All the previous mechanisms can thus qualitatively explain a much lower abundance of CH3OD compared to CH2DOH, as observed in low- and intermediate-mass protostars. The reverse behavior, as observed unambiguously in W3(H2O) and Orion IRc2, is more difficult to understand. We note, however, that the gas temperature in massive hot cores may be significantly higher than in low- and intermediate-mass protostars, as suggested for example by the CH3OH rotational temperatures reported in Table 1 (with the exception of the value measured in IRAS 2). Temperature effects might thus explain the difference in the measured [CH2DOH]/[CH3OD] ratios. Following the pioneering work of Charnley et al. (1997), Osamura et al. (2004) investigated the impact of increasing the gas temperature from 50 to 100 K, using a hot core chemistry network. The [CH2DOH]/[CH3OD] ratio was found to decrease from greater than 3 at 50 K to ~1 at 100 K. This effect was attributed to the reaction between CH3OH and H2DO+ (which is the major deuteron donor at 100 K) (5)followed by dissociative recombination. However, an unrealistically large initial abundance ratio [HDO]/[H2O] ~ 0.1 was necessary to decrease the [CH2DOH]/[CH3OD] ratio below 3. Isomerization processes were finally proposed by Charnley et al. (1997) to explain the finding that [CH2DOH] ~ [CH3OD] in Orion IRc2. The quantum calculations of Osamura et al. (2004) demonstrated, however, that internal rearrangements of energized methanol (in the neutral, ionized, or protonated forms) cannot occur efficiently.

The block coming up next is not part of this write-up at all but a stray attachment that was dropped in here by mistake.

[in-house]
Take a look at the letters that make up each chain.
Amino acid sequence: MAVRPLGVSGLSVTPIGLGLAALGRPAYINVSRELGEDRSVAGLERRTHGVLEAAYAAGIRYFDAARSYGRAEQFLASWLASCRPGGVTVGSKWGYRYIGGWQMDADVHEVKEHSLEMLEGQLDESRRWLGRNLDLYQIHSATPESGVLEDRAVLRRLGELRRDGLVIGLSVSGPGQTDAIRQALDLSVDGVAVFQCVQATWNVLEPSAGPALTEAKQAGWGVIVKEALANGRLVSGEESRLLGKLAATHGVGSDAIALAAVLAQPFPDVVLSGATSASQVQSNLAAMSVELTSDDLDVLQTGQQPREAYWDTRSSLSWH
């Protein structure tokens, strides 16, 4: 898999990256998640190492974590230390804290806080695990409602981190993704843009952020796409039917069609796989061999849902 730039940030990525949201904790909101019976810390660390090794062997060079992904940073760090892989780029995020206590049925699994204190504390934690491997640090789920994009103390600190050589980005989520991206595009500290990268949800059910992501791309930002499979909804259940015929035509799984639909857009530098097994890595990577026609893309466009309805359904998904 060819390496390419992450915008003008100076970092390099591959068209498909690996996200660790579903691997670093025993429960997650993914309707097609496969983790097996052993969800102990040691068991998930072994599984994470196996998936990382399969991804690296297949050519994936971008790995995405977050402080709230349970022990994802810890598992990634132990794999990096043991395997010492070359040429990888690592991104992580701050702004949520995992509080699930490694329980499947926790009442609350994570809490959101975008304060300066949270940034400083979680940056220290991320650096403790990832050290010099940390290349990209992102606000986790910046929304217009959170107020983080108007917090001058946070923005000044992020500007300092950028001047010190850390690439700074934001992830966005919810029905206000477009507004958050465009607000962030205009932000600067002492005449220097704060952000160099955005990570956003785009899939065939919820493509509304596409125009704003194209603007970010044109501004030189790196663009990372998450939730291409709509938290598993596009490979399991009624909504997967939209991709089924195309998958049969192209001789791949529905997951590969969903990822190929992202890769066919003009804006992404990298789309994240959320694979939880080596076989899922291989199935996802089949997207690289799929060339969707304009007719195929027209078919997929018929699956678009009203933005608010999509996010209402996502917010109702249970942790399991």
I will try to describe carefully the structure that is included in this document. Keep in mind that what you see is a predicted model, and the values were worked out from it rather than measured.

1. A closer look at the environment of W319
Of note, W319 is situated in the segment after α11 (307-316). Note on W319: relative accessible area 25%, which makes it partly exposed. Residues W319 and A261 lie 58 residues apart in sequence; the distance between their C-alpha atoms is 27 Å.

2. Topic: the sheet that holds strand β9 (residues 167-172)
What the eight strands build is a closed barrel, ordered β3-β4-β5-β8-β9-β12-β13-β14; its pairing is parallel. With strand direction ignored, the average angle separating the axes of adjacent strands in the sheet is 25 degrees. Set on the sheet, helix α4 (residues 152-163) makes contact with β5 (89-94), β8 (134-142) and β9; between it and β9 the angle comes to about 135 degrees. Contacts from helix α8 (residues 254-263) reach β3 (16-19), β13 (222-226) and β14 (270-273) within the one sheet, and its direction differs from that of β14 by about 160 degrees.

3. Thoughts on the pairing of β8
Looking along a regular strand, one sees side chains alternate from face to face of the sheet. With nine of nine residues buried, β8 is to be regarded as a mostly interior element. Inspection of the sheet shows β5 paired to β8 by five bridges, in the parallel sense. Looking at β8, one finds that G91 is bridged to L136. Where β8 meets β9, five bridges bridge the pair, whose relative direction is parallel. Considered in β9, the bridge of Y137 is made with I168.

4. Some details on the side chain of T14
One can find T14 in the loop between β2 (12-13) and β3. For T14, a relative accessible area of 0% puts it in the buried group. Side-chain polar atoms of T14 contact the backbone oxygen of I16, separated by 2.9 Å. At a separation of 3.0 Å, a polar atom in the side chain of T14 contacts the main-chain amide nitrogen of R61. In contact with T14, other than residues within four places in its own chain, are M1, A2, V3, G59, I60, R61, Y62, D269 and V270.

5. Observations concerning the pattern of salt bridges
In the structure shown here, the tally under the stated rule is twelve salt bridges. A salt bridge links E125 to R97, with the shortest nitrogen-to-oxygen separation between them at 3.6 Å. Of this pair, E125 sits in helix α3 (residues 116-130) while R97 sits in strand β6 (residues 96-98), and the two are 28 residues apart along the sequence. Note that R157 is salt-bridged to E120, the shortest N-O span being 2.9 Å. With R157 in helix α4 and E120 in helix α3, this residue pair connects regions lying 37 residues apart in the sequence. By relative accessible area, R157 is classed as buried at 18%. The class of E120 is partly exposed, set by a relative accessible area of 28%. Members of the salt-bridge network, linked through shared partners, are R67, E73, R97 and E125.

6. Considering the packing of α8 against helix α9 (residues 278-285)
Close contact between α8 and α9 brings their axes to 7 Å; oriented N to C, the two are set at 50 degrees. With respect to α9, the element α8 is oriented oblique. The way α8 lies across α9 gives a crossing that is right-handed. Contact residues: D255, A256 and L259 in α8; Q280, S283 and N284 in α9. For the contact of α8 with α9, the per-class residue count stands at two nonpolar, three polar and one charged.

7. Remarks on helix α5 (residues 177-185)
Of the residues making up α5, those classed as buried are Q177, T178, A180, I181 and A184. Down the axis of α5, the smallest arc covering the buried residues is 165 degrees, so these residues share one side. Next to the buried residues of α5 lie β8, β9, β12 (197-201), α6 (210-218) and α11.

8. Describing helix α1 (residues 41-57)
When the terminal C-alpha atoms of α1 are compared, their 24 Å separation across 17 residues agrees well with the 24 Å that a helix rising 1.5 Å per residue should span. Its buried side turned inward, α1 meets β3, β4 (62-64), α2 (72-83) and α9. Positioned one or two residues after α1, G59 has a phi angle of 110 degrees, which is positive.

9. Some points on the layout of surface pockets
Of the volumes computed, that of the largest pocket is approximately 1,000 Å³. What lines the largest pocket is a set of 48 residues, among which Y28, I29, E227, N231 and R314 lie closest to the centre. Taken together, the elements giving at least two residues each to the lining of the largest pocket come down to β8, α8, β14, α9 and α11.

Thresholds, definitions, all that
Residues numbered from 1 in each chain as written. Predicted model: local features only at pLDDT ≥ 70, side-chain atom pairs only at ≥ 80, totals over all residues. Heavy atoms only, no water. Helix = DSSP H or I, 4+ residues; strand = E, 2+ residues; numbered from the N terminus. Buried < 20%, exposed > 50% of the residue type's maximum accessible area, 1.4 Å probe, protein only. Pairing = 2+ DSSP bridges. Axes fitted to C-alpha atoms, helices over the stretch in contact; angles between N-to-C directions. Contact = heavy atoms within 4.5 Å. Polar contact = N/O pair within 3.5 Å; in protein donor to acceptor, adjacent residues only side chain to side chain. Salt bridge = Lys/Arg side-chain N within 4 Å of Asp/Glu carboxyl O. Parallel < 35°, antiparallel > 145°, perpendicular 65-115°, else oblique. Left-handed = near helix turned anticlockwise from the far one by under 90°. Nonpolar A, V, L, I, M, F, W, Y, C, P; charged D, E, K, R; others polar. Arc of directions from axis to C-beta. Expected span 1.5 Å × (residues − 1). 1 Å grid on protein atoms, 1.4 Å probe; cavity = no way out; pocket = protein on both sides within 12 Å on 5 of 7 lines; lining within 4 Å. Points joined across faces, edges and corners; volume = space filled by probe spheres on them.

We are thus compelled to conclude that the deuteration of methanol in massive hot cores, where the abundance of CH2DOH is at most similar to that of CH3OD, remains enigmatic. It is possibly related to the lower deuterium enrichment of massive protostars compared to low-mass sources (Ceccarelli et al. 2007). We also note that since the distances of the high-mass protostars are significantly larger than those of low- and intermediate-mass sources, the region probed by the observations is much larger in the high-mass objects. This may affect the measurements of the [CH2DOH]/[CH3OD] ratio if the (large-scale) spatial distribution of both isotopologues is different. In any case, additional laboratory and theoretical studies are needed, in particular on H/D exchange processes in ices. A revision of the deuterium chemistry in hot cores also seems necessary. In this context, we note that Thi et al. (2010) demonstrated that a high [HDO]/[H2O] ratio (>10-2) can be obtained in dense (nH > 106 cm′3) and warm gas (T = 100−1000 K) owing to photodissociation and neutral-neutral reactions. In addition to modeling efforts, new observations are also crucial to assessing whether the methanol deuteration is peculiar or whether a similar selective deuteration affects other interstellar species with various functional groups, e.g. HCOOCH3, HCONH2, and CH3NH2. The detection of new multiply deuterated species (e.g. CH2DOD) is also fundamental to helping us to discriminate between the different classes of fractionation/depletion processes.